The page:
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Faculty of Medicine and Dentistry

Dr Martin Griffiths CBE

Meet Dr Martin Griffiths CBE, consultant vascular, endovascular and trauma surgeon at Barts Health NHS Trust, alumnus of Barts and the London School of Medicine and Dentistry 1991, honorary clinical senior lecturer at the Blizard Institute, and National Clinical Director for Violence Reduction NHS England and Clinical Director for Violence Reduction NHS London. 

A photo of Dr Martin Griffiths in scrubs


1. Could you tell us about your clinical work and what inspired you to get into this area of medicine?  

My clinical time is divided between vascular and trauma surgery, with an additional role as a surgical tutor for the Royal College of Surgeons of England.

I got into vascular because it’s technically challenging. Both elective and emergency vascular surgery require strong decision-making skills serving an informed patient population. 

Trauma surgery is rarely as adrenaline fuelled as the media suggests. I was attracted to the discipline working with Michael Walsh, a Barts Health consultant, and considered by many to be one of the great figures in British  trauma care. His insight, intellect and compassion for his patients inspired me to become a better version of me. 

We support the victims of injury, coordinating their care with multiple clinical teams addressing the physical and emotional impact of traumatic injury. The surgery is challenging and time-sensitive, often operating on critically unwell patients requiring the expertise of superbly talented anaesthetic and theatre staff.  The joy of working within a high-functioning, motivated and compassionate team is incredibly fulfilling.


2. You have so many strings to your bow it's hard to know where to start, but you were just awarded a CBE in the Queen's Birthday Honours 2021 for your role in violence reduction, and in 2019 you were appointed London’s first NHS clinical director for violence reduction, a role you now hold nationally.  Could you tell us more about this incredible work?

The violence reduction work came out of a dissatisfaction with the revolving door of injury and reinjury I saw in patients who were the victims of interpersonal injury. As a black man of modest origin  I felt that the system failed to address the needs of a patient population overepresented by people who were poorer and of colour and I was determined to find a better solution. I’ve worked with communities and schools to promote empowerment and raise and deliver expectations and I won a scholarship to travel to the US to study violence reduction in urban environments. I returned filled with the belief that we could build a model of care that would address the needs of our communities and would support them and their families as we delivered world class clinical care. In 2015 I set up the UK's first hospital ward-based violence reduction service, at Barts Health. The service works with victims injured through knife crime while they are still being treated in the hospital, and works to unravel the complex social reasons behind knife crime as well as offering holistic support to help prevent further harm. It has had incredible success in reducing retaliation and violent reoffending in this group of vulnerable young people.  In six years, this has reduced the number of young people returning to The Royal London Hospital with further injuries from 45% to less than 1%.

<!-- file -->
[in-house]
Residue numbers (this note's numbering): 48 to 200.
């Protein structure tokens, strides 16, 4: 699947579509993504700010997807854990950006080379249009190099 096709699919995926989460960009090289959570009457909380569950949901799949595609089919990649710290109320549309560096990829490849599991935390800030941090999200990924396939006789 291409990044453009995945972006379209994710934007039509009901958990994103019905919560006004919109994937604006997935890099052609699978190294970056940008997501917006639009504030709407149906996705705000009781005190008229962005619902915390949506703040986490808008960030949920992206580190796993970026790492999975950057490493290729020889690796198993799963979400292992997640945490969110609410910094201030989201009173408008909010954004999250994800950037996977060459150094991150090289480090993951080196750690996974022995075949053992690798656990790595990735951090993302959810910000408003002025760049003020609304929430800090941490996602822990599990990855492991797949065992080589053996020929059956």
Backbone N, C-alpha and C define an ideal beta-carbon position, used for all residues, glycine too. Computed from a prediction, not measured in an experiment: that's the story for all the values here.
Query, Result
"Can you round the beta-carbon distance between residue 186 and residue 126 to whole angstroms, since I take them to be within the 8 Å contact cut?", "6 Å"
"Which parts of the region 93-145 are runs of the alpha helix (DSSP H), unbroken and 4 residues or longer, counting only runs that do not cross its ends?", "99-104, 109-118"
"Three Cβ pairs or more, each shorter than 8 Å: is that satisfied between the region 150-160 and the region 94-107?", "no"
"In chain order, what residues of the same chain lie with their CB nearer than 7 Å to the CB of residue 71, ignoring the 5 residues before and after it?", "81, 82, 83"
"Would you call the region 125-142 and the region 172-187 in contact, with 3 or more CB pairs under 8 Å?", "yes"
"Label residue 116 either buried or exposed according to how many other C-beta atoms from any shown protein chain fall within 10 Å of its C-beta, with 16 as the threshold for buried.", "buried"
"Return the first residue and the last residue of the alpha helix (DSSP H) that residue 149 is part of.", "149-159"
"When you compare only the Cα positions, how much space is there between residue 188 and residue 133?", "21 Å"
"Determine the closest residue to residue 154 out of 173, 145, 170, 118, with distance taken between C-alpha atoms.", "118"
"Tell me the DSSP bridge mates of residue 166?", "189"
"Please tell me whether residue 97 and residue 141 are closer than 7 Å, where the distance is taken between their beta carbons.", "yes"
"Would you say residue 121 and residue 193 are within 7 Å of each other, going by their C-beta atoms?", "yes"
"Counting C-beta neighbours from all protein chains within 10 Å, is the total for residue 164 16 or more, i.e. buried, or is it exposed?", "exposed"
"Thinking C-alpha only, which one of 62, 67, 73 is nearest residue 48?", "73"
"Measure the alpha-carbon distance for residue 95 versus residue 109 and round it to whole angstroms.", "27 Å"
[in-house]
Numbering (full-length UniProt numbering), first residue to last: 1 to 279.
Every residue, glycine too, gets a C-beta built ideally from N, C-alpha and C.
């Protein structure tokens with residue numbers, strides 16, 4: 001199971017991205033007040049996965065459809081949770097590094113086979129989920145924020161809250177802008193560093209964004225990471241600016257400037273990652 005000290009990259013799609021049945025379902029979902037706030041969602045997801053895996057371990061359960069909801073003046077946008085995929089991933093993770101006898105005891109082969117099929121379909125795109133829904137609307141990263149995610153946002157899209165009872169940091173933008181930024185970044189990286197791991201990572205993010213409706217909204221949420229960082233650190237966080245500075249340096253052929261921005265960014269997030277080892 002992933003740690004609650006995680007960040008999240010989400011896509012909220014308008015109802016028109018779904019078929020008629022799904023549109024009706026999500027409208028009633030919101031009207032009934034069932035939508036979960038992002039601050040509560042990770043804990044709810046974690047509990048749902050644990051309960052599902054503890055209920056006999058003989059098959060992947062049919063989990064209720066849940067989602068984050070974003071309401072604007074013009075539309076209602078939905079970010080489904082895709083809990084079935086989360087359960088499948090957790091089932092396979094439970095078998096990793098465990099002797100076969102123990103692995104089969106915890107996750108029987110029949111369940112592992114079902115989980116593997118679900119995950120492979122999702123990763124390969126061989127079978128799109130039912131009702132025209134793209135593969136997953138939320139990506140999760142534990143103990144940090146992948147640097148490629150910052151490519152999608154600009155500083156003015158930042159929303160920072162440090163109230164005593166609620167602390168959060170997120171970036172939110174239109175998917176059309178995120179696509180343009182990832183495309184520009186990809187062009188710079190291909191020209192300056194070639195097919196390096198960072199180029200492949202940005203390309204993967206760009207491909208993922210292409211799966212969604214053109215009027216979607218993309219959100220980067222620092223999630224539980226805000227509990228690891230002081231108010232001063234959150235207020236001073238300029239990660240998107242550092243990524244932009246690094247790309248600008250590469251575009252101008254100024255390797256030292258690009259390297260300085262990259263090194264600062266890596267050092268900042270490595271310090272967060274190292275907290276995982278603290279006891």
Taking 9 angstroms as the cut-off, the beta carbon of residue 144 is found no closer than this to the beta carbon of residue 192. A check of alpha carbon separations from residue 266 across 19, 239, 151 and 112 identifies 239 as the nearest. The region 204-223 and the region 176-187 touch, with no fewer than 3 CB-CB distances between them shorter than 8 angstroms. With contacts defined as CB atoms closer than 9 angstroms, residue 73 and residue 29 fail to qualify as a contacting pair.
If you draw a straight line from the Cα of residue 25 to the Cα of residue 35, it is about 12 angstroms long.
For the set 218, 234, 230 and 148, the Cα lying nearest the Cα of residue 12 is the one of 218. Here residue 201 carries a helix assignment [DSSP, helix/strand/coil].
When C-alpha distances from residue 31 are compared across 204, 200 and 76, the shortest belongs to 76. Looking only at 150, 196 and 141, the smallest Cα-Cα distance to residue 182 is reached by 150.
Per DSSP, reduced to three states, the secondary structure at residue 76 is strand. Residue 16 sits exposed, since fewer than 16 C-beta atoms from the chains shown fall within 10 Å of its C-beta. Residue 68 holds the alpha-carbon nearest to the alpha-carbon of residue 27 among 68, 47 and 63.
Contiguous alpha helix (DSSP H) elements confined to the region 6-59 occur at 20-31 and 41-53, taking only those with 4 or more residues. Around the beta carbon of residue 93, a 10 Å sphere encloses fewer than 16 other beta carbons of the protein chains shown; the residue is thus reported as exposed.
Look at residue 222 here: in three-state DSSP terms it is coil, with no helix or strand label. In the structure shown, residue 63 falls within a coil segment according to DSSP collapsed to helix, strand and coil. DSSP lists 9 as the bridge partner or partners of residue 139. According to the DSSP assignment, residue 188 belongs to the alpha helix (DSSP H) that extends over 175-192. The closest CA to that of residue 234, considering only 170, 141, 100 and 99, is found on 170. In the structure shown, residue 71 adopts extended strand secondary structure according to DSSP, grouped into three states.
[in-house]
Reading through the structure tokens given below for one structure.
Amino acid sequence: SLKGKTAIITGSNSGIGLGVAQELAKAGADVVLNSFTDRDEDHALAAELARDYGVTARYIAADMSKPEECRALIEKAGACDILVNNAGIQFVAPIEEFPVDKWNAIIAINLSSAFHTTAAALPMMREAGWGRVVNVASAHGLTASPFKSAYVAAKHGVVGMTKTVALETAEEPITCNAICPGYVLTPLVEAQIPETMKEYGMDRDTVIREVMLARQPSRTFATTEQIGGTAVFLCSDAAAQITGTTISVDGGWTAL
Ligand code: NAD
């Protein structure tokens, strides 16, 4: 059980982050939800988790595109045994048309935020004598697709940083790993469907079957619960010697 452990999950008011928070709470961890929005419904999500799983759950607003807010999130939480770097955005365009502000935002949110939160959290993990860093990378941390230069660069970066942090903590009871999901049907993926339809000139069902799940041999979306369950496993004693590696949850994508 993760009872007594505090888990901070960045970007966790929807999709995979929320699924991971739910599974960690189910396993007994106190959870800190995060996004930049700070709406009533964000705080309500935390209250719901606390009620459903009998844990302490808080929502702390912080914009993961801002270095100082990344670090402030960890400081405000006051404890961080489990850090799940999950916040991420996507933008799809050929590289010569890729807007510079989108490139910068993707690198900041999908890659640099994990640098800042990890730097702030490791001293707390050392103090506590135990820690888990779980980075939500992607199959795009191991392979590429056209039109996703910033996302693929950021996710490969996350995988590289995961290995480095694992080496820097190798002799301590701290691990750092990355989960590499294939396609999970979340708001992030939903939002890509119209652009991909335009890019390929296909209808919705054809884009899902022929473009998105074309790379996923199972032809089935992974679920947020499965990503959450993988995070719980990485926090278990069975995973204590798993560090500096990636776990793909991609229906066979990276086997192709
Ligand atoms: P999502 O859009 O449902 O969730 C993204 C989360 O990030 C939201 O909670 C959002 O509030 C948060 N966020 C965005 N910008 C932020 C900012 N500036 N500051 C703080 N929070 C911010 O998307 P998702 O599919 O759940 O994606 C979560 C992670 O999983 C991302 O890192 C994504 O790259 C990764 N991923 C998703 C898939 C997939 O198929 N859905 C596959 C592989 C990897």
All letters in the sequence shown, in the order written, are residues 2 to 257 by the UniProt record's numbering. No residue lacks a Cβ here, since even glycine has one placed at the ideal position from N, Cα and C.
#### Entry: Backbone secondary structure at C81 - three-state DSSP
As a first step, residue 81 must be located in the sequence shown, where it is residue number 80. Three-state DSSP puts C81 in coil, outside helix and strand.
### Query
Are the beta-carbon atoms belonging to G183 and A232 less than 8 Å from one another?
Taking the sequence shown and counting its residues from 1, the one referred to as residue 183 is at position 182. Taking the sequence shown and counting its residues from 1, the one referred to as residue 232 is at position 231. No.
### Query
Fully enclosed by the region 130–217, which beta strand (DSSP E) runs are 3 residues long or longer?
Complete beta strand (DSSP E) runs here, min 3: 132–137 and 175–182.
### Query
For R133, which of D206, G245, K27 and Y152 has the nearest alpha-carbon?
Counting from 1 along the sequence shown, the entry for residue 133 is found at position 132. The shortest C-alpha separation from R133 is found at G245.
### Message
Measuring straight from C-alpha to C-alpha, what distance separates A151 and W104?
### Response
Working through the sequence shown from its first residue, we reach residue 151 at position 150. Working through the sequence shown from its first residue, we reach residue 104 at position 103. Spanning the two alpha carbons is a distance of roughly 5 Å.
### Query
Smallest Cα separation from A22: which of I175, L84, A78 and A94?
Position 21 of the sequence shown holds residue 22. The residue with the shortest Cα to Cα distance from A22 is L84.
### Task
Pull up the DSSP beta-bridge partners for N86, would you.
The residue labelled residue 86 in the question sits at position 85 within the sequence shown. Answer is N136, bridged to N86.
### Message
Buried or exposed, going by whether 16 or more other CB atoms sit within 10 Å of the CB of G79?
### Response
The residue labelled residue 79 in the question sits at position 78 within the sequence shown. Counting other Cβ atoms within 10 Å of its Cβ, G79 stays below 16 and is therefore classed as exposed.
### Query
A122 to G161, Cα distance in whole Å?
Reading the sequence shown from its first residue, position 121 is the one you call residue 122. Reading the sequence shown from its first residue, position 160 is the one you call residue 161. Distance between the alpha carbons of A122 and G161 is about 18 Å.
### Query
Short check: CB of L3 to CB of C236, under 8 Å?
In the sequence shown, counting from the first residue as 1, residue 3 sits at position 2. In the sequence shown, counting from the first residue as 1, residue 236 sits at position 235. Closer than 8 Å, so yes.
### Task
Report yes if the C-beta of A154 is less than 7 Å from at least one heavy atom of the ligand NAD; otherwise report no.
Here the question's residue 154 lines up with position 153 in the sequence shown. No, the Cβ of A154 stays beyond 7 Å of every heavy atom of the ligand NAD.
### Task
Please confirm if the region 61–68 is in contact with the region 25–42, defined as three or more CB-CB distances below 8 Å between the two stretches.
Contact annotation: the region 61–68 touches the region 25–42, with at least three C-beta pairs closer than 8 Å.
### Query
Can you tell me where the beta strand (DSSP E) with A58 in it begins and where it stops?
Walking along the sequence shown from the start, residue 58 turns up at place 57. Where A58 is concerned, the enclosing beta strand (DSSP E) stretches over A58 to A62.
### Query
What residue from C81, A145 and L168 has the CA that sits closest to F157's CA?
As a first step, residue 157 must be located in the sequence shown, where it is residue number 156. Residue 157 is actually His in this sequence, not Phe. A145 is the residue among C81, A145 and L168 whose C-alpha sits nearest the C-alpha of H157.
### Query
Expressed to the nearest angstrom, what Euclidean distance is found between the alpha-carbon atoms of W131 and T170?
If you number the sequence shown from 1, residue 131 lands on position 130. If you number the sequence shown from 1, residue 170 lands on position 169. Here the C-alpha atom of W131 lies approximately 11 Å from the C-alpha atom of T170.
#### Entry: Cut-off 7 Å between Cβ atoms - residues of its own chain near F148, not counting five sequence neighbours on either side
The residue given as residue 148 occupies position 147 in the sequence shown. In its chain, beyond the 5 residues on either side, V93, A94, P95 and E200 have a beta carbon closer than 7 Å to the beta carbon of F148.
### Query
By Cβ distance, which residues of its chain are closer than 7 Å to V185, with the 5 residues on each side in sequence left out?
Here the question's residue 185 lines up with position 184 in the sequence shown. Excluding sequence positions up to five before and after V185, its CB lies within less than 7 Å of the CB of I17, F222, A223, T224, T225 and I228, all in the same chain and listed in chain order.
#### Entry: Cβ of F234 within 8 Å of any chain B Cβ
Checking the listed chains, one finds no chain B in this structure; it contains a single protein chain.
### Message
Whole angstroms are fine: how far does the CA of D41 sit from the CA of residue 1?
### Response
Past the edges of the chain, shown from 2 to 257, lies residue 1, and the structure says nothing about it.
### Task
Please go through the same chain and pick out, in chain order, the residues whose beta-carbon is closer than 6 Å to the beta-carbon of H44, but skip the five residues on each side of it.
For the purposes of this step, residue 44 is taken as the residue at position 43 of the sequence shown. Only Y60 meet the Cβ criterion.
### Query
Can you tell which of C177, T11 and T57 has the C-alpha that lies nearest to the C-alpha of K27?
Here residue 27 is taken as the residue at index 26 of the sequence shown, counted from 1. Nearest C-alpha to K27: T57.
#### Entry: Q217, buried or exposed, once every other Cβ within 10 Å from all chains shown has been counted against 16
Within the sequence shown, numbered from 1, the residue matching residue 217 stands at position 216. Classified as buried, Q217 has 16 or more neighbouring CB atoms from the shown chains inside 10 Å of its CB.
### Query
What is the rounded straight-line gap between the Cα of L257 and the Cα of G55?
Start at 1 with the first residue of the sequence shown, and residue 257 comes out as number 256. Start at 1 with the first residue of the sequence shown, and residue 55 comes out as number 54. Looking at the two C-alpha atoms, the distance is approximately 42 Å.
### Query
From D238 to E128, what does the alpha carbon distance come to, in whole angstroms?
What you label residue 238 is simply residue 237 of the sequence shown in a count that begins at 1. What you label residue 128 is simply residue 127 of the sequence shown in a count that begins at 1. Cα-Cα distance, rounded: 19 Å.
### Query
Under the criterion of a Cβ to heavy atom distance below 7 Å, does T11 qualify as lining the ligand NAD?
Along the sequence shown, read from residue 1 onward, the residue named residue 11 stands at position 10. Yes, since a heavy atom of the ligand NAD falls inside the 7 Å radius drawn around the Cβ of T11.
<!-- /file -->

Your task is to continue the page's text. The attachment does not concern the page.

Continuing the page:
I built on this drive to expand the programme to multiple hospitals and linked with the Trust to support initiatives aimed directly at increasing diversity within the healthcare workforce.

I was fortunate enough to be appointed the first regional Clinical Director for Violence Reduction in London, and this programme expanded to deliver multidimensional approaches to reducing violence. I was appointed as the first National Clinical Director for Violence Reduction in 2020 and am relishing the challenge.


3. Tell us a bit about your educational and training background and what advice would you give to a student wanting to follow in your footsteps? 

I grew up in south East London (up the Addicks) and went to my lovely state primary and comprehensive schools. I was inspired by a fabulous primary school teacher Mr Basil Morgan, who sadly died before I had the opportunity to thank him for the example he set me as a child. He was a talented and deeply respected educator who never spoke of his diversity, but challenged and inspired me to be all I could be.

I trained at Barts (the best and obvious choice) and trained in the North East Thames rotation. The journey was long and arduous, however it was filled with humour, compassion, hard work and brilliant allies.

I would say, don’t follow in my footsteps, make your own. The path is unknown and often intimidating, however the qualities that got you to the start will be enhanced by the journey. Never forsake your integrity to fit in, and wear your authenticity with pride. On the path you’ll find allies everywhere, some less perfect than others, however take that advice and support. It will help you.  Finally, remember that failure is something you must embrace and learn from if you are to grow, so don’t let poor outcomes deter you from your goal.



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